Why do some GNU Coreutils commands have the -T/--no-target-directory option? It seems like everything that it does can be achieved using the semantics of the . (self dot) in a traditional Unix directory hierarchy.


cp -rT /this/source dir

The -T option prevents the copy from creating a dir/source subdirectory. Rather /this/source is identified with dir and the contents are mapped between the trees accordingly. So for instance /this/source/foo.c goes to dir/foo.c and so on, rather than to dir/source/foo.c.

But this can be easily accomplished without the -T option using:

cp -r /this/source/. dir  # Probably worked fine since dawn of Unix?

Semantically, the trailing dot component is copied as a child of dir, but of course that "child" already exists (so doesn't have to be created) and is actually dir itself, so the effect is that /this/path is identified with dir.

It works fine if the current directory is the target:

cp -r /this/tree/node/. . # node's children go to current dir

Is there something you can do only with -T that can rationalize its existence? (Besides support for operating systems that don't implement the dot directory, a rationale not mentioned in the documentation.)

Does the above dot trick not solve the same race conditions that are mentioned in the GNU Info documentation about -T?

4 Answers 4


Your . trick can only be used when you're copying a directory, not a file. The -T option works with both directories and files. If you do:

cp srcfile destfile

and there's already a directory named destfile it will copy to destfile/srcfile, which may not be intended. So you use

cp -T srcfile destfile

and you correctly get the error:

cp: cannot overwrite directory `destfile' with non-directory

If you tried using the . method, the copy would never work:

cp: cannot stat `srcfile/.`: Not a directory
  • The . trick does work when copying a file, just not when renaming its basename at the same time! cp /path/to/file /target/dir/. If /target/dir/file exists and is a directory, you get the same diagnostic! But you have shown what -T does that can't be done without it in one step, without race conditions: copy a file and change its name without it being shunted to a subdirectory.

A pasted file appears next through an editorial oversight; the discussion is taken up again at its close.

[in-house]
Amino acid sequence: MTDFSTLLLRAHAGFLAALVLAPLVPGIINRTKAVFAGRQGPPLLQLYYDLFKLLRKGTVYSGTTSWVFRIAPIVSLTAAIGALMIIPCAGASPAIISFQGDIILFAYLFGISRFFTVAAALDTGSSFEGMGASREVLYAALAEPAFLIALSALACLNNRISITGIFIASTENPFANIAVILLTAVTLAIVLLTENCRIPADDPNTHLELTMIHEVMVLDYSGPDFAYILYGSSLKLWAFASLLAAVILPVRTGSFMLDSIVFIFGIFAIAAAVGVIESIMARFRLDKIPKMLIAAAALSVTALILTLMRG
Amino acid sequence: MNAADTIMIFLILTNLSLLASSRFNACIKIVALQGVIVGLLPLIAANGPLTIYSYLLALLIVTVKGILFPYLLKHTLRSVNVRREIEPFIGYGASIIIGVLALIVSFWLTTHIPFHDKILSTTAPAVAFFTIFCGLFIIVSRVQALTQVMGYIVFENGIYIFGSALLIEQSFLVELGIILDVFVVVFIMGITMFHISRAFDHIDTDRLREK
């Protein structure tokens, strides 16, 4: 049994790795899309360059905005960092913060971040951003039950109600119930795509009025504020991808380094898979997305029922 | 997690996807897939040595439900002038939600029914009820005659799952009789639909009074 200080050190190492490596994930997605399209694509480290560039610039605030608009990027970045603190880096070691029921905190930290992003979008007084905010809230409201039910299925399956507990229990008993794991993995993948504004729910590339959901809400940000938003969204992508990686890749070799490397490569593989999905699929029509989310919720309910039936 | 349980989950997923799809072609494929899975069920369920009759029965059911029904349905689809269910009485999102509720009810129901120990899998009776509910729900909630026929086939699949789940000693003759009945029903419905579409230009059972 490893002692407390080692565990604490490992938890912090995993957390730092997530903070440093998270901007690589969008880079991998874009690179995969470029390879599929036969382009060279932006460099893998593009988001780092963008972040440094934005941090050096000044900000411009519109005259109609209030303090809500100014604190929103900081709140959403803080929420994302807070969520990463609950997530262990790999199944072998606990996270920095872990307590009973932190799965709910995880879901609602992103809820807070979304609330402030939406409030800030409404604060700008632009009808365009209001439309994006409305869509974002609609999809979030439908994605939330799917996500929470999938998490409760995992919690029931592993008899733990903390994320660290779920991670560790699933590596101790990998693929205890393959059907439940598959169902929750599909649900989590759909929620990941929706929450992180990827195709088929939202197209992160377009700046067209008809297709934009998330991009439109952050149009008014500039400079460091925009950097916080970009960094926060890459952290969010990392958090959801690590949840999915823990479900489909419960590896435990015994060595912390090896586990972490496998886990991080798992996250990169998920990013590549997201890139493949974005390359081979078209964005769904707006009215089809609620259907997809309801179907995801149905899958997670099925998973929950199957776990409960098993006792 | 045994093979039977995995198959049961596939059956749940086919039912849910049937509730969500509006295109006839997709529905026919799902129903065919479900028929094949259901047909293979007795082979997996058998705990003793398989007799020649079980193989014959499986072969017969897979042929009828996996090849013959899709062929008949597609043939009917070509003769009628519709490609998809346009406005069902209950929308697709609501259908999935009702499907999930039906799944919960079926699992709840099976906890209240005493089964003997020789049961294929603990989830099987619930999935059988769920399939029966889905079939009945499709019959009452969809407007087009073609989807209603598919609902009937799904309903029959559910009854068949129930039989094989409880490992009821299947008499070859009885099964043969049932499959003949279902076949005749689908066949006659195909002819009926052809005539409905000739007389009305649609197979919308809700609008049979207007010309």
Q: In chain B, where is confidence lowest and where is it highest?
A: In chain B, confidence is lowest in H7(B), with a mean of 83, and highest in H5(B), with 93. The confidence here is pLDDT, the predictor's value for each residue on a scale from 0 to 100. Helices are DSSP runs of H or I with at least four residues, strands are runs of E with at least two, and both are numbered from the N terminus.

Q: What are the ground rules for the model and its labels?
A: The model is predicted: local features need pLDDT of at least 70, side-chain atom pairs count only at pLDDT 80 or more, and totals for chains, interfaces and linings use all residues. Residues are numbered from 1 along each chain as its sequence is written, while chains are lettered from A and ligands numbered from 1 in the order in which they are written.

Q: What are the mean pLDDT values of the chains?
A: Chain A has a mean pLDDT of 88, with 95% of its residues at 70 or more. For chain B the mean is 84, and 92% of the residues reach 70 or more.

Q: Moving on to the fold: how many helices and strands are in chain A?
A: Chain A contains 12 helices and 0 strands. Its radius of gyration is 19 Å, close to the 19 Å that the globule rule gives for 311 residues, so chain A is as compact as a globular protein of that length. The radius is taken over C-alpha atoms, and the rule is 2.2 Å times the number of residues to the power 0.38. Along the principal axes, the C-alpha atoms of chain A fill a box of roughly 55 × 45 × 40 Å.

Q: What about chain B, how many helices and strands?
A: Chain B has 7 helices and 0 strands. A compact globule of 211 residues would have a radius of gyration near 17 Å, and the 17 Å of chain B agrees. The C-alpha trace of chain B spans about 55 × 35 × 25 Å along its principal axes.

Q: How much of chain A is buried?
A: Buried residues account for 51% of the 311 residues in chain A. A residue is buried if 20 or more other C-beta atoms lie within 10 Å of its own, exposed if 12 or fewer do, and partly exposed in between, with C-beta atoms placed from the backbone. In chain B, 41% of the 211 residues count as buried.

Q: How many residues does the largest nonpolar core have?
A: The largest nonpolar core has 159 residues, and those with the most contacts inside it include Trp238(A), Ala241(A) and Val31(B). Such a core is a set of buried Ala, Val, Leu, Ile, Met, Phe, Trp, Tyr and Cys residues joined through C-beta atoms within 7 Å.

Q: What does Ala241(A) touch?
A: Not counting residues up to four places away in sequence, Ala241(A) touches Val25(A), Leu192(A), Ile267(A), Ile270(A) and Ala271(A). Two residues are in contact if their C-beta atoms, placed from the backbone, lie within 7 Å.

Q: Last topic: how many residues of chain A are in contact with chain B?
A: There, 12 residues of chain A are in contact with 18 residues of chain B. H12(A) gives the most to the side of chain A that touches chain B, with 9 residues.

– Kaz
    Commented Jun 9, 2016 at 20:54
  • 3
    That's not the same -- the . trick you're talking about is appending /. to the source.
    – Barmar
    Commented Jun 9, 2016 at 20:58

The problem with cp/mv/ln as they were originally designed is that they're two commands in one (copy to and copy into).

cp A B

is either copy A to B or copy A into B (copy A to B/A) depending on whether B exists and is a directory or not (and more variations if B is a symlink to a directory).

That's bad because it's ambiguous. So the GNU implementations have added options to work around that.

cp -T A B

copies A to B regardless. If B exists and is a directory, that will fail (unless you pass -r). In any case, you will not end-up with a A file inside B when you intended A to be copied to B.


cp -t B A

is the copy into.

  • The original unix philosophy is to assume you know what you do, and will happily allow you to shoot yourself in the foot.
    – Lenne
    Commented Jun 10, 2016 at 5:51
  • 6
    @Lenne, but here it doesn't give you a way to avoid shooting yourself in the foot. If someone creates a B directory or symlink to some directory just before you run cp A B the command will not do what you intended. And doing [ -e B ] || [ -L B ] || cp A B still has a race condition which cp -Tn A B doesn't have. Commented Jun 10, 2016 at 5:57

The -T can provide a failure if a directory incorrectly exists for what should be a destination file:

$ mkdir mustbeafile
$ touch afile
$ cp -T afile mustbeafile
cp: cannot overwrite directory `mustbeafile' with non-directory
$ echo $?
$ cp afile mustbeafile

That is, instead of success-on-unexpected-copy-to-a-subdir, a warning and not-good exit status happens, which could then cause a script to abort, and human inspect why there's a directory where there shouldn't be one.


Using a flag is also much clearer, and has less risk of unintended effects, when the command is used in a script instead of manually entered. Patching dots onto paths in a script could end up in all kinds of unexpected mischief.

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